Divided High Court Upholds Evidence Seizure Despite Illegal Police Stop

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The Supreme Court today upheld the collection of drug evidence by a Utah detective even though the warrant that was the basis for his arrest was based on evidence form an unlawful investigatory stop. The 5-3 decision drew dissents from the court’s three female justices.

The case arose when South Salt Lake City narcotics detective Douglas Fackrell conducted surveillance on a house based on an anonymous tip about drug activity. After observing Edward Strieff leave the residence, Fackrell detained Strieff, and was told by a dispatcher that Strieff had had an outstanding arrest warrant for a traffic violation. Fackrell searched Strieff and found methamphetamine and drug paraphernalia.

The Utah Supreme Court said the evidence could not be used in a trial because it was derived from an unlawful investigatory stop.

Justice Clarence Thomas, writing for a majority reversing the Utah ruling, said the evidence is admissible because the officer’s “discovery of the arrest warrant attenuated the connection between the unlawful stop and the evidence seized …incident to arrest.”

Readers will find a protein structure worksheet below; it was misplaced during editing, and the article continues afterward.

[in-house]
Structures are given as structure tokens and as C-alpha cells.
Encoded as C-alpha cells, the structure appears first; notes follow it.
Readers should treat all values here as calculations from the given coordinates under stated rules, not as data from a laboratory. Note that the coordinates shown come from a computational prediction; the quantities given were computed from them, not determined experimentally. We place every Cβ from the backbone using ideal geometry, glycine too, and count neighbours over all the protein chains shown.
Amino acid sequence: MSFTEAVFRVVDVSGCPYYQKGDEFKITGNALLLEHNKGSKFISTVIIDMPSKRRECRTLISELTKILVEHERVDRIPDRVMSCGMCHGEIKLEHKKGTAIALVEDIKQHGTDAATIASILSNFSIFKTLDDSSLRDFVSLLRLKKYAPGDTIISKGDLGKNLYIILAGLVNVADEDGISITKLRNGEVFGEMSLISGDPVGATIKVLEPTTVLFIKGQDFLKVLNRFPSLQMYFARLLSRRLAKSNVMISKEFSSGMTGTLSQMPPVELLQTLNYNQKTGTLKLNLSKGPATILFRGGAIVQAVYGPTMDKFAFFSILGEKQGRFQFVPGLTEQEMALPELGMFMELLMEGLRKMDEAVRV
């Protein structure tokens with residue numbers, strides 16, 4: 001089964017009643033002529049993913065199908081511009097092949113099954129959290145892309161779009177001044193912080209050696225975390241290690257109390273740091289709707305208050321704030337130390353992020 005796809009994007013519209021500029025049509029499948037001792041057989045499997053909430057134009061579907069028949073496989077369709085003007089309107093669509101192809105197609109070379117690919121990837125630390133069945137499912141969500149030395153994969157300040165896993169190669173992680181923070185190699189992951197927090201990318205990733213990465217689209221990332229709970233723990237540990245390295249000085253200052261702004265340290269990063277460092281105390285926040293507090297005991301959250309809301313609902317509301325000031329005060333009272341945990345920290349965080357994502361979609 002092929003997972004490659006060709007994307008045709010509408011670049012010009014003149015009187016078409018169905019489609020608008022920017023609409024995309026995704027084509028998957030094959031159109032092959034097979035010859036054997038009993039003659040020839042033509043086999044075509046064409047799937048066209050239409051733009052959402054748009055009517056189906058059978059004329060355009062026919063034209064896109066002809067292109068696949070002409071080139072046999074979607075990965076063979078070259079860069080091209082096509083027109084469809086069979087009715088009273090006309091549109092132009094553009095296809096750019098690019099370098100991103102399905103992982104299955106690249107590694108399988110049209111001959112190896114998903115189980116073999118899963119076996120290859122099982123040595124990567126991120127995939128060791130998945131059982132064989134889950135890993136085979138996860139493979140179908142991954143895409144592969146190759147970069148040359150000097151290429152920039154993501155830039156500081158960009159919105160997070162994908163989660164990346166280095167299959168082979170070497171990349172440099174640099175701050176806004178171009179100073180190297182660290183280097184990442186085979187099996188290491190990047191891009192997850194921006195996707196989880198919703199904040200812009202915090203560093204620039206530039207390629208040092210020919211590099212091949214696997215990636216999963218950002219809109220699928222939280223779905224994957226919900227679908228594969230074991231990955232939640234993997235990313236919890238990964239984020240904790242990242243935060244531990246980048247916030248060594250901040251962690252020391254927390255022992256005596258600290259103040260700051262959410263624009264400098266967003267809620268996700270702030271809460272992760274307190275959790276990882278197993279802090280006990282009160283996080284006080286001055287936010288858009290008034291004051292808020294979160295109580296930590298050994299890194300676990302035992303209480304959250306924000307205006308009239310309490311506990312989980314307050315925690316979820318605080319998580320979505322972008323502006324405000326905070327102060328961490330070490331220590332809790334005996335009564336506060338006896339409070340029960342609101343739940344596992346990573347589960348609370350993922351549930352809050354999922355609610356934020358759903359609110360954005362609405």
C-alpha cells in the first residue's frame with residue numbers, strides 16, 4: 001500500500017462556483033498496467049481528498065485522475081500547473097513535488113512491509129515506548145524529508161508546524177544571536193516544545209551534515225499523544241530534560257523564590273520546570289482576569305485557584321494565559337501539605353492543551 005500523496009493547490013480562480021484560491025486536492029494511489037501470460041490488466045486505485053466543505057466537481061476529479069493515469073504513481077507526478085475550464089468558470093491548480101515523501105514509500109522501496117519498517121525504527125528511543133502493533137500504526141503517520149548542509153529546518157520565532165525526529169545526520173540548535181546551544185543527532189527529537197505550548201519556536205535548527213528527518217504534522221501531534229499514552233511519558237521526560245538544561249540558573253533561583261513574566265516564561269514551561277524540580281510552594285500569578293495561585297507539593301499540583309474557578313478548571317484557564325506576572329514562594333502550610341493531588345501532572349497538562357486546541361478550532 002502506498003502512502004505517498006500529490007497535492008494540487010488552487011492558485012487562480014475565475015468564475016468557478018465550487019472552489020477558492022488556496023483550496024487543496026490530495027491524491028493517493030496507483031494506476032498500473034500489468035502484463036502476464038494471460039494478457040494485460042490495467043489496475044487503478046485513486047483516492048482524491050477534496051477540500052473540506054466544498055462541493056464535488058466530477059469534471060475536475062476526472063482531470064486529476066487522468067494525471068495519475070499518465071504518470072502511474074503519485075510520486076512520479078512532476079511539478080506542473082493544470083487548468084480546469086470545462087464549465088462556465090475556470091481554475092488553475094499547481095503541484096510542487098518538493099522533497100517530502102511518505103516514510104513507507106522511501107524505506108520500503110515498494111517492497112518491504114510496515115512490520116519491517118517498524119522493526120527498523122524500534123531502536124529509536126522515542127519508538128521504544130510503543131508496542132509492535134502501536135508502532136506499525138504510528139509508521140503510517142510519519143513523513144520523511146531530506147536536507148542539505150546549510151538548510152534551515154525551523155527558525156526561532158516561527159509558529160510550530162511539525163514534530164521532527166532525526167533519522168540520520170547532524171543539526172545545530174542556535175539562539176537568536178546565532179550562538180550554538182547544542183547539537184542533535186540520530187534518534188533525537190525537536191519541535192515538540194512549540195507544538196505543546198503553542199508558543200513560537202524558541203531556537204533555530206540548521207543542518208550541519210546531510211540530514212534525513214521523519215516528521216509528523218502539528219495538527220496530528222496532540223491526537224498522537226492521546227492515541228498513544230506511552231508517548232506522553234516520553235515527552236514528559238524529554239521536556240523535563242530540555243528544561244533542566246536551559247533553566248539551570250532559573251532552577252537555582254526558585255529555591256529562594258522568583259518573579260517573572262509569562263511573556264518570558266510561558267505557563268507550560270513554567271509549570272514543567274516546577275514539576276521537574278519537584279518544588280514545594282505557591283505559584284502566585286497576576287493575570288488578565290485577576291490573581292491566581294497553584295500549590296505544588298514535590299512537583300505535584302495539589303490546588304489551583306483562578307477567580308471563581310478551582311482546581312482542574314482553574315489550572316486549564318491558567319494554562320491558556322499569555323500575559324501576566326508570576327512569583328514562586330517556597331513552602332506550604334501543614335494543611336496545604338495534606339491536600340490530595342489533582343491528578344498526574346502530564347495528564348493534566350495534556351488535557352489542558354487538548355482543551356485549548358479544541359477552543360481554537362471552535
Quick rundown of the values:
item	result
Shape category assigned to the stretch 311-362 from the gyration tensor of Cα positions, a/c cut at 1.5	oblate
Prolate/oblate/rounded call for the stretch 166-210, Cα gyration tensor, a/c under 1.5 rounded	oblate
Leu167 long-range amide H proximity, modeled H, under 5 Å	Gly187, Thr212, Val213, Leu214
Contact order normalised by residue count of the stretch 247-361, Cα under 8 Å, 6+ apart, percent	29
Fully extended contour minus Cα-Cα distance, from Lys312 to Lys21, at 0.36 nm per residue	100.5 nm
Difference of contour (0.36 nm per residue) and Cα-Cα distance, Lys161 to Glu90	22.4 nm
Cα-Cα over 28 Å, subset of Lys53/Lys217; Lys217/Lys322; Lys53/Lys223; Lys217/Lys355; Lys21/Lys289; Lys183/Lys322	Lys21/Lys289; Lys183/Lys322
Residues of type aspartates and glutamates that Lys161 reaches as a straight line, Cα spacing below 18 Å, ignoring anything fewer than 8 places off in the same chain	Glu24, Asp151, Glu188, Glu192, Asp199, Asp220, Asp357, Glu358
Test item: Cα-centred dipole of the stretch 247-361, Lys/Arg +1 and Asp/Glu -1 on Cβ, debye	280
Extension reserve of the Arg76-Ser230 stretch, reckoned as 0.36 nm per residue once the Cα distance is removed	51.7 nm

In dissent, Justice Sonia Sotomayor said the ruling means that “the discovery of a warrant for an unpaid parking ticket will forgive a police officer’s violation of your Fourth Amendment rights. Do not be soothed by the opinion’s technical language: This case allows the police to stop you on the street, demand your identification, and check it for outstanding traffic warrants—even if you are doing nothing wrong. If the officer discovers a warrant for a fine you forgot to pay, courts will now excuse his illegal stop and will admit into evidence anything he happens to find by searching you after arresting you on the warrant,” Sotomayor said. Justices Elena Kagan and Ruth Bader Ginsburg also dissented.

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